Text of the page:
Keeping secrets can cause you to ‘come undone’

"People have limited willpower to exert self-control. It's the constant monitoring to make sure you don't slip up that's so exhausting," says Clayton R. Critcher. (Credit: Daniela Vladimirova/Flickr)

The stress of keeping a secret or concealing what you really think can be exhausting. It can limit physical stamina, impair judgment, and reduce productivity, researchers say.

“Before you hit the ‘send’ button and fire off that angry email, take a deep breath. Be aware that concealment may keep you from performing optimally and might impair your judgment,” says Melissa J. Ferguson, associate professor in Cornell University’s College of Arts and Sciences. “Ask yourself: What else is going on in the back of my mind?”


Actually, that’s a trick question—typical of the experimental tasks required of student volunteer research subjects in the studies. Some students were forbidden to utter certain words (like “breakfast” and “therefore”) in mock interview situations. The study’s findings appear in the Journal of Experimental Psychology: General.

The constant work—monitoring their thoughts and trying not to say “therefore” or reveal sexual orientation in response to leading questions—caused what psychologists call “self-regulatory exertion and depletion.” “Depleted” subjects underperformed in a variety of mental and physical tests immediately after their stressful interviews.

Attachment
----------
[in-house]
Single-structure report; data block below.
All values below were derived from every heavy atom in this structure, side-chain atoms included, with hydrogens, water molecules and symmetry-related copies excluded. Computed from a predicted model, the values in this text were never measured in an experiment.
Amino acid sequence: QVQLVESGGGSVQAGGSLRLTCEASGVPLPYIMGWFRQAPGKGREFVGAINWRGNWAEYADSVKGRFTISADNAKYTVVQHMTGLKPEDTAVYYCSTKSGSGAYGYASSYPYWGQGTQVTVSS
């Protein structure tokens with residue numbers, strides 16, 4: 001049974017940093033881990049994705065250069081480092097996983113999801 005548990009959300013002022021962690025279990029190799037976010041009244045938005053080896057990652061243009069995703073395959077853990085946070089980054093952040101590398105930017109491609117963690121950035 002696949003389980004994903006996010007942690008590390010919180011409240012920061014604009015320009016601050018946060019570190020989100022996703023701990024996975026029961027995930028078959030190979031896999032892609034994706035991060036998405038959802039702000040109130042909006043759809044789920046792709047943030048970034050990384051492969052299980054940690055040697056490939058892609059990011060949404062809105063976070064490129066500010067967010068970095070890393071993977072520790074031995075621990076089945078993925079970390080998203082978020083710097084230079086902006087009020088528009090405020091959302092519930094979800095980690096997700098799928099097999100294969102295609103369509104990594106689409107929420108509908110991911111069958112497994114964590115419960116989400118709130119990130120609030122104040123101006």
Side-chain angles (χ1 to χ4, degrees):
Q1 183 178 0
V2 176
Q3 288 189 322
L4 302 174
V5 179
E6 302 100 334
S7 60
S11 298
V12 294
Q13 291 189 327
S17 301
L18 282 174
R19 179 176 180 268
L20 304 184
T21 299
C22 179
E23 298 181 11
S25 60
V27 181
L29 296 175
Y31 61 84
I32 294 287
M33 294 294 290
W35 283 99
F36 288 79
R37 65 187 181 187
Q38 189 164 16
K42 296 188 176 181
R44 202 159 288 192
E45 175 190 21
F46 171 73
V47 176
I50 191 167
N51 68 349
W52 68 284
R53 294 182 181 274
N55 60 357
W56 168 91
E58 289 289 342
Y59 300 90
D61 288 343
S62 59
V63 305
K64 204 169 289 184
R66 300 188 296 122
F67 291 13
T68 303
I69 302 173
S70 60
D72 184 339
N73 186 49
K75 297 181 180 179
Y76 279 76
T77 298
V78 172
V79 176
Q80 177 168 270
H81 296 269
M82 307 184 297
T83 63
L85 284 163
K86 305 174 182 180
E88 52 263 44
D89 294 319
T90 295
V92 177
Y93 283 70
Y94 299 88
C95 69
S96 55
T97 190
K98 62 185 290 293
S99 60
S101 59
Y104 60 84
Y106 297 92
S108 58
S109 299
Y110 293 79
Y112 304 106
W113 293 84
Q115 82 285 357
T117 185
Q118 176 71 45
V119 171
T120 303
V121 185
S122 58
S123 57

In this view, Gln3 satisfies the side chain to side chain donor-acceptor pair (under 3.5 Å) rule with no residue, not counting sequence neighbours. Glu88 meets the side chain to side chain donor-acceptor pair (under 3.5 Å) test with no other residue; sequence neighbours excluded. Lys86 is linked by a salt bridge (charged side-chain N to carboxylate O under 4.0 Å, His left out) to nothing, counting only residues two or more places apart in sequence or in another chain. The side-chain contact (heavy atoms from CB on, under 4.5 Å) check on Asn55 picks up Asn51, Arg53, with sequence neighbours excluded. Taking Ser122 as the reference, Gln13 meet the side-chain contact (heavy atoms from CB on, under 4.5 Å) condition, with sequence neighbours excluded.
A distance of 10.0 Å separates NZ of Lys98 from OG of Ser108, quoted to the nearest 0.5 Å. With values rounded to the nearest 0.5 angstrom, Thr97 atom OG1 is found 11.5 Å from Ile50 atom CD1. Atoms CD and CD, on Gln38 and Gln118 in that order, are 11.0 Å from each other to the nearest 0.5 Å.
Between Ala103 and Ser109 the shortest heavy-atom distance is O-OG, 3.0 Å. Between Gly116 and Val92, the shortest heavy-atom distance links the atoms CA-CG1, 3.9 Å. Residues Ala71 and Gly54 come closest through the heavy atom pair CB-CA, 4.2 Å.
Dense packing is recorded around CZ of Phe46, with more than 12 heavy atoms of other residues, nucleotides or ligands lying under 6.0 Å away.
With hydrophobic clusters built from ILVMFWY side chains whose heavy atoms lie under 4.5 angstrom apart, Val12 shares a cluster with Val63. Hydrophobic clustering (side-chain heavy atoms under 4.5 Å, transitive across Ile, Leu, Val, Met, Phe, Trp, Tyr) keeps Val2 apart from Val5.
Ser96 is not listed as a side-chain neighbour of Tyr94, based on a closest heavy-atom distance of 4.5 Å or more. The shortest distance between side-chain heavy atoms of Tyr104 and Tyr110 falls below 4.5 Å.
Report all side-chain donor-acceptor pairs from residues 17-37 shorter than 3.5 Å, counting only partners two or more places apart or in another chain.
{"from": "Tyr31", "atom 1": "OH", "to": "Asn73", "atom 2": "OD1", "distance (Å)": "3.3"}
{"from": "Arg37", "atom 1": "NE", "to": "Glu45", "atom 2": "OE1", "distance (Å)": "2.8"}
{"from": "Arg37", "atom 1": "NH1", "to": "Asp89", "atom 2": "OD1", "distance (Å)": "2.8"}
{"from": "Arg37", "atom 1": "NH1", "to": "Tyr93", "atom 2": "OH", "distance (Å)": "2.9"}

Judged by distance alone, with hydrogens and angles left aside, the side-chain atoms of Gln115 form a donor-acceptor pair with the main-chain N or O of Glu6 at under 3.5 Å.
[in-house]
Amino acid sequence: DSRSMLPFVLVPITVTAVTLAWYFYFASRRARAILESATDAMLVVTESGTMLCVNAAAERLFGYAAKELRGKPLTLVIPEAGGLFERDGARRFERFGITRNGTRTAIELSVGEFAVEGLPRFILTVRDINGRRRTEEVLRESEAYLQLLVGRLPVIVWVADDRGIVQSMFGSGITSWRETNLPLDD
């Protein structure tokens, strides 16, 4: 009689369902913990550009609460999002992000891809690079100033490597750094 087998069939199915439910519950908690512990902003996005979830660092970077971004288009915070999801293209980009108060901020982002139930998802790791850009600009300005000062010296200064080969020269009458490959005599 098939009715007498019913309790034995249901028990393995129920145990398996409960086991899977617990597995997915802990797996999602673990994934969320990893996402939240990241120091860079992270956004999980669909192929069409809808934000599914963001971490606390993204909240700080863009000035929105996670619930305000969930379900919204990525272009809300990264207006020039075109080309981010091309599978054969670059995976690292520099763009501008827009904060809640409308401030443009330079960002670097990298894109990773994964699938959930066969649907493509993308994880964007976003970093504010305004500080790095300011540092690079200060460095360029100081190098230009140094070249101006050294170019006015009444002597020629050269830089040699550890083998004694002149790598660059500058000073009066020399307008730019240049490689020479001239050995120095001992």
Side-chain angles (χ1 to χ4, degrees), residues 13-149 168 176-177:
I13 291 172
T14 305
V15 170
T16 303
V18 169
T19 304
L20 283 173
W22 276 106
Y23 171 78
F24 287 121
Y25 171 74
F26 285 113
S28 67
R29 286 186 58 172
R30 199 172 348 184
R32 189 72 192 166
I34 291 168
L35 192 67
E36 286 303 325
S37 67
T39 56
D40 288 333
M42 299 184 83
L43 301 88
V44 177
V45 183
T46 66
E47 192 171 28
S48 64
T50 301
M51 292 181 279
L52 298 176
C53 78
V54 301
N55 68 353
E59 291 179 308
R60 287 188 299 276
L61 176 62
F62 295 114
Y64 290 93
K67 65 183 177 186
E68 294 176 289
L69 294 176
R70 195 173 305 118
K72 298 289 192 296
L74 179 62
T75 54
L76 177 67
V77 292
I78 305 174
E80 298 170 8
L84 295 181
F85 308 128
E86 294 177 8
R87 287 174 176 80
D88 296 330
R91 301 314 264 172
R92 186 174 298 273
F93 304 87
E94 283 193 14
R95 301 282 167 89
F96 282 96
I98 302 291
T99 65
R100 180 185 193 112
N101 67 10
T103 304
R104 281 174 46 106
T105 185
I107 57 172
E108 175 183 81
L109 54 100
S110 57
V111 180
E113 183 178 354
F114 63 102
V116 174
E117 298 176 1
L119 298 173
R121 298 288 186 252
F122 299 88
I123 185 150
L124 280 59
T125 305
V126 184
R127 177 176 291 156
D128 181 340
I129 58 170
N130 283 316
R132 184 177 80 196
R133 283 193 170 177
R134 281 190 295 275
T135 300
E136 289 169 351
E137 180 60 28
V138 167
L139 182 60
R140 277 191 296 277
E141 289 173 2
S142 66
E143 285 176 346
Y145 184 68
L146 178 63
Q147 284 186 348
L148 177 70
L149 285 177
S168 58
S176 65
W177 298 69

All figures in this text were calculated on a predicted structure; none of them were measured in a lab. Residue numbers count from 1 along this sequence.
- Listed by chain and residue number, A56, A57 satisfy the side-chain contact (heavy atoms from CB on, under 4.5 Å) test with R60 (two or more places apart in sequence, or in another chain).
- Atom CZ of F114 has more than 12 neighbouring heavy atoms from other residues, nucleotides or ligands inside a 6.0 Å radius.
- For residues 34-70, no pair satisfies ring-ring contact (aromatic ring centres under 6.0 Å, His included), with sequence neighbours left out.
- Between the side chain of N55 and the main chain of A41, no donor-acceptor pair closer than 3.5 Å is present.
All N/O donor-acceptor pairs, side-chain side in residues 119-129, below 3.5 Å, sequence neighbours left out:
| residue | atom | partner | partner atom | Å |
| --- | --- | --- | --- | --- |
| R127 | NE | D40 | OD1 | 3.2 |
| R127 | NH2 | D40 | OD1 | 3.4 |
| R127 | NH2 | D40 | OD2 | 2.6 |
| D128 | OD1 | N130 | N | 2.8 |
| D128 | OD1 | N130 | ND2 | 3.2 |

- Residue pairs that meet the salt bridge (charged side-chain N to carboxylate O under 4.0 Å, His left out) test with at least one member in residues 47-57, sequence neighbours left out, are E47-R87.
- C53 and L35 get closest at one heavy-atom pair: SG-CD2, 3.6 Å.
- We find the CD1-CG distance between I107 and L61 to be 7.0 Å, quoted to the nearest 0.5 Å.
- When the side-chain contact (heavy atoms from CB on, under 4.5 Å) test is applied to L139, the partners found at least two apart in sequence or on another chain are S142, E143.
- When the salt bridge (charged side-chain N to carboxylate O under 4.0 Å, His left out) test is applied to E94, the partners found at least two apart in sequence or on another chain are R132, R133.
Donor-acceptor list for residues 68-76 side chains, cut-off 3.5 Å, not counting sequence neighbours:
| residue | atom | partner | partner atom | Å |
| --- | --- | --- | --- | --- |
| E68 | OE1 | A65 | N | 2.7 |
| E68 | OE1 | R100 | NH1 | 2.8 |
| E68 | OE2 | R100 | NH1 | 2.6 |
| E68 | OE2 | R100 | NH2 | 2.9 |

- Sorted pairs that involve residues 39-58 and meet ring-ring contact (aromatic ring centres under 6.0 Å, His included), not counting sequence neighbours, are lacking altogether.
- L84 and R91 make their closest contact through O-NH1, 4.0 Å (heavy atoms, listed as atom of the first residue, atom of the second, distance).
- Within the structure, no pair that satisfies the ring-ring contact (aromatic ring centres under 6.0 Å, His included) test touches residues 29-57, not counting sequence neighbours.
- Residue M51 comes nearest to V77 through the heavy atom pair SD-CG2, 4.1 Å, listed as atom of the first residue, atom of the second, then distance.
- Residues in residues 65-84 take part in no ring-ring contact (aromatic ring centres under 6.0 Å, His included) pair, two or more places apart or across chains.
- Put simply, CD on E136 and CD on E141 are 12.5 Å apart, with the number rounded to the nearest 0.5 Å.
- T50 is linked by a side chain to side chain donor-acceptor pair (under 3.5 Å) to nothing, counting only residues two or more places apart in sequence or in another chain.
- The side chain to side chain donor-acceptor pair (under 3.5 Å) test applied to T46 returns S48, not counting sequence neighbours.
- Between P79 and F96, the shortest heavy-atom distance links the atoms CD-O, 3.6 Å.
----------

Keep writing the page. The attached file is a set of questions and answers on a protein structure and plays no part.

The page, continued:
“People have limited willpower to exert self-control. It’s the constant monitoring to make sure you don’t slip up that’s so exhausting,” says Clayton R. Critcher, a professor in University of California, Berkeley’s Haas School of Business. All that self-regulating can reduce productivity in the workplace.

Constant concealment

Ferguson says the research team chose sexual orientation as another kind of secret to keep because of the “social stigma” attached to that information and the fact that people often feel as though they have to conceal it. “Sexual orientation is still a sensitive part of our identities in many social and professional situations, often because there are real and harmful consequences of revealing it due to prejudice and discrimination.”

Thus, a gay man trying to conceal sexual orientation must self-monitor to avoid saying, “My boyfriend and I go there all the time!” Thinking fast, he might say, “My friend and I … ” But constant concealment and speech-suppression take a toll. Even a short span of concealment, around 10 minutes, can extract a cost. Experimental subjects who had struggled to conceal during brief, mock interviews did poorly on a variety of subsequent tests.

There were spatial intelligence tests, physical endurance tests, and one with special resonance for college students, the Teaching Assistant’s (TA) obnoxious email test. Student-subjects received emails purportedly from TAs who controlled their grades.

“You clearly didn’t focus on the key elements of the assignment,” the email read. “I don’t know how anyone could have made such an obvious mistake.” Then the experimental subjects were told to respond “appropriately” to the insulting message. Even though an equally rude reply could hurt their grades, students suffering self-regulatory depletion—and diminished judgment—replied and hit the “send” button without hesitation.

“Of course, no one lost points for sending rude emails. This was just a psychology experiment—with the customary safeguards of confidentiality, and a little fun thrown in,” Ferguson says. “What everyone gained was a better understanding: concealment can be harmful. Not only does a lack of openness imperil interpersonal relationships, it can undermine people’s intellectual and physical abilities.”

Cornell University and University of California, Berkeley, funded the research.

Source: Cornell University